Sunday, August 13, 2006

Michael Novack -- remembrances of Eugene McCarthy, Bobby Kennedy and others

This link will have little meaning for those younger than me, so feel free to skip it if you wish. Those of us alert to the world around us at the time will become almost teary-eyed as we read. Unless, of course, you were among the AuH2O crowd.

I loved Gene McCarthy. The verb is not too strong. Many an evening, before and afterward, he would sit in our living room after dinner and respond to the invitation to recite some poetry—especially Yeats—and he would demur, and wisecrack, and then launch out into thirty or forty minutes of long ballads he had committed to memory. He had the perfect Irish voice for the part, understated but full of music. Occasionally, he’d stumble on a line and have to begin it again. Once or twice a tear would appear in his eye at an especially affecting part. “Michael, do we have time for another one?” he would ask. “Just this short one,” he would rush on with a smile. He loved reciting poetry and had too few occasions for it. He much preferred poetry to political speeches, but at the latter he also excelled.

....Bobby [Kennedy] was, in fact, a kind of “secular saint” such as I had described in the article by that name in Momentum. True, I had in mind people even more secular than he, who show compassion and do good deeds and work with hope. They may be secular and yet they act as Christians would want to act.

How can that be, not to believe, and yet to act as though one were a Christian? Albert Camus pondered that puzzle.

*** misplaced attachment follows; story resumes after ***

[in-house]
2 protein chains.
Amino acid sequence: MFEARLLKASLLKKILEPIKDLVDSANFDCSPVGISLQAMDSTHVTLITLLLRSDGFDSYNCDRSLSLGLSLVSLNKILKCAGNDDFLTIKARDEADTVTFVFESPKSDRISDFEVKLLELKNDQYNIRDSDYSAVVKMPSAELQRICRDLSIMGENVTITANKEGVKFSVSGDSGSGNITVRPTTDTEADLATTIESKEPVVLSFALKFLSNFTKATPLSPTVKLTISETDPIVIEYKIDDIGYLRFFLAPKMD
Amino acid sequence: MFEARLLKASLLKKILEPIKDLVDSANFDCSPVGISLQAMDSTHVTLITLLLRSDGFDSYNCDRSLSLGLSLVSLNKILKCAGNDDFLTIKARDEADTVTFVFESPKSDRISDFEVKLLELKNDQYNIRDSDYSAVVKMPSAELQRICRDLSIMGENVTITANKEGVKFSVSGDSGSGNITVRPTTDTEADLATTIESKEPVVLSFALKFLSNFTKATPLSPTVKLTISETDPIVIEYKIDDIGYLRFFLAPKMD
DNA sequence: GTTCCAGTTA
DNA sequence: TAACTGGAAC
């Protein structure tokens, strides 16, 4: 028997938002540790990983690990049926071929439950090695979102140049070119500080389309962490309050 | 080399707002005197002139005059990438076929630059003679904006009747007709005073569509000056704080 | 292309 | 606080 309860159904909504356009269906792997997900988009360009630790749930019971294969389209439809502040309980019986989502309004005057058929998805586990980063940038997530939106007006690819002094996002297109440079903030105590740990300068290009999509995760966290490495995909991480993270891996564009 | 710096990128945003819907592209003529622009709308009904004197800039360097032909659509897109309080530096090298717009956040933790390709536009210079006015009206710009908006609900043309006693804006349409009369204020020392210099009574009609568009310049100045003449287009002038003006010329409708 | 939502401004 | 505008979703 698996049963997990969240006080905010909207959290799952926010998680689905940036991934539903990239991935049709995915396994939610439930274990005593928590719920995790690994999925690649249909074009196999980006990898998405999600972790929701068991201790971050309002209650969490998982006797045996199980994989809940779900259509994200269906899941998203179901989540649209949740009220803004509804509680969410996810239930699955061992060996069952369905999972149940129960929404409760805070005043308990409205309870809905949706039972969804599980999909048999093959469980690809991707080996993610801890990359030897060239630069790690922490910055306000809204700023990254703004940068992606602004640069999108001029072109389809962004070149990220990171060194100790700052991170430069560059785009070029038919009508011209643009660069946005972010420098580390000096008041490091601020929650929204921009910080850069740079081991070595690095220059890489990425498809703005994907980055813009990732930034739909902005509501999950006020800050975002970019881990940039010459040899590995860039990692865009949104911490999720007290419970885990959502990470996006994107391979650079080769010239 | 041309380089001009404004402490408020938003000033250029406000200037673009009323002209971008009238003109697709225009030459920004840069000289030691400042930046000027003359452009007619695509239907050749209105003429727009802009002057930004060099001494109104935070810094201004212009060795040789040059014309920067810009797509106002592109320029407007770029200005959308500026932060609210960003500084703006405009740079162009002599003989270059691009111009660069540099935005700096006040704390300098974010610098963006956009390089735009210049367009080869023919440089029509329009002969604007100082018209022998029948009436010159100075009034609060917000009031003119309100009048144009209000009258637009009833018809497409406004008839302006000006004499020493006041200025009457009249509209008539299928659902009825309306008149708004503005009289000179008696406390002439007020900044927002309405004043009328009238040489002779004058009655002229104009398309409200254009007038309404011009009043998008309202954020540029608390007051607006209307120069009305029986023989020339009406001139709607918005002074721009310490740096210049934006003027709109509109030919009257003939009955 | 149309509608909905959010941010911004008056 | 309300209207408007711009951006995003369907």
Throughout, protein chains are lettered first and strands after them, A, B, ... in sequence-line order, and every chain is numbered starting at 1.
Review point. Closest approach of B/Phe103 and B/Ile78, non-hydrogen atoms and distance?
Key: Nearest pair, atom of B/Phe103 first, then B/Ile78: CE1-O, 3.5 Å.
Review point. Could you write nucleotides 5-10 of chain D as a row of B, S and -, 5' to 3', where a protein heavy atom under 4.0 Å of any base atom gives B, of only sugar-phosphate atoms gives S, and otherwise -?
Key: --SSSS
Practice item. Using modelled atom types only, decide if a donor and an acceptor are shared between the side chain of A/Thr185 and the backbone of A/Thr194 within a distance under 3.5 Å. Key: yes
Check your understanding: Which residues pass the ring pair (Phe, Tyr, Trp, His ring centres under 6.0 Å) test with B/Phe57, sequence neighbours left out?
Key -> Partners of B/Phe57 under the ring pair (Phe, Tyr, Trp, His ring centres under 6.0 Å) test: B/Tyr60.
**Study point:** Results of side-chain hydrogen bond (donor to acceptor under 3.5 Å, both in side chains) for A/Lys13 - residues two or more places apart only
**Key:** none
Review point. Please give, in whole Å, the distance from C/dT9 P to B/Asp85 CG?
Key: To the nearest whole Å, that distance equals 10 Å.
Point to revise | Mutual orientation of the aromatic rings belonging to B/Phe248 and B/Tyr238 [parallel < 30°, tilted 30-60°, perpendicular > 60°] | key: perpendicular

In Bobby’s case, I tended to agree with Gene McCarthy. Bobby seemed to me, like his brothers, Catholic by birth, habit, and perhaps even sentiment—but not by intellect or the learning appropriate to his station. One wondered which serious religious authors he or his brothers had read, if any.

Thus, in a sense, Bobby, too, struck me as a “secular” saint. He seemed to touch a lot of nonbelievers in a highly moral, aspiring way. It is said that “at the heart of Christianity lies the sinner.” So I am by no means arguing that Bobby Kennedy was sinless. We didn’t know then about his liaisons with Marilyn Monroe. Yet even if we had, some of us would not have been too hard on his weaknesses in certain areas, but more inclined to look upon his sheer raw guts and the burning determination of his eyes when he glimpsed something he had to do and fight through, whatever unknown difficulties he must face.

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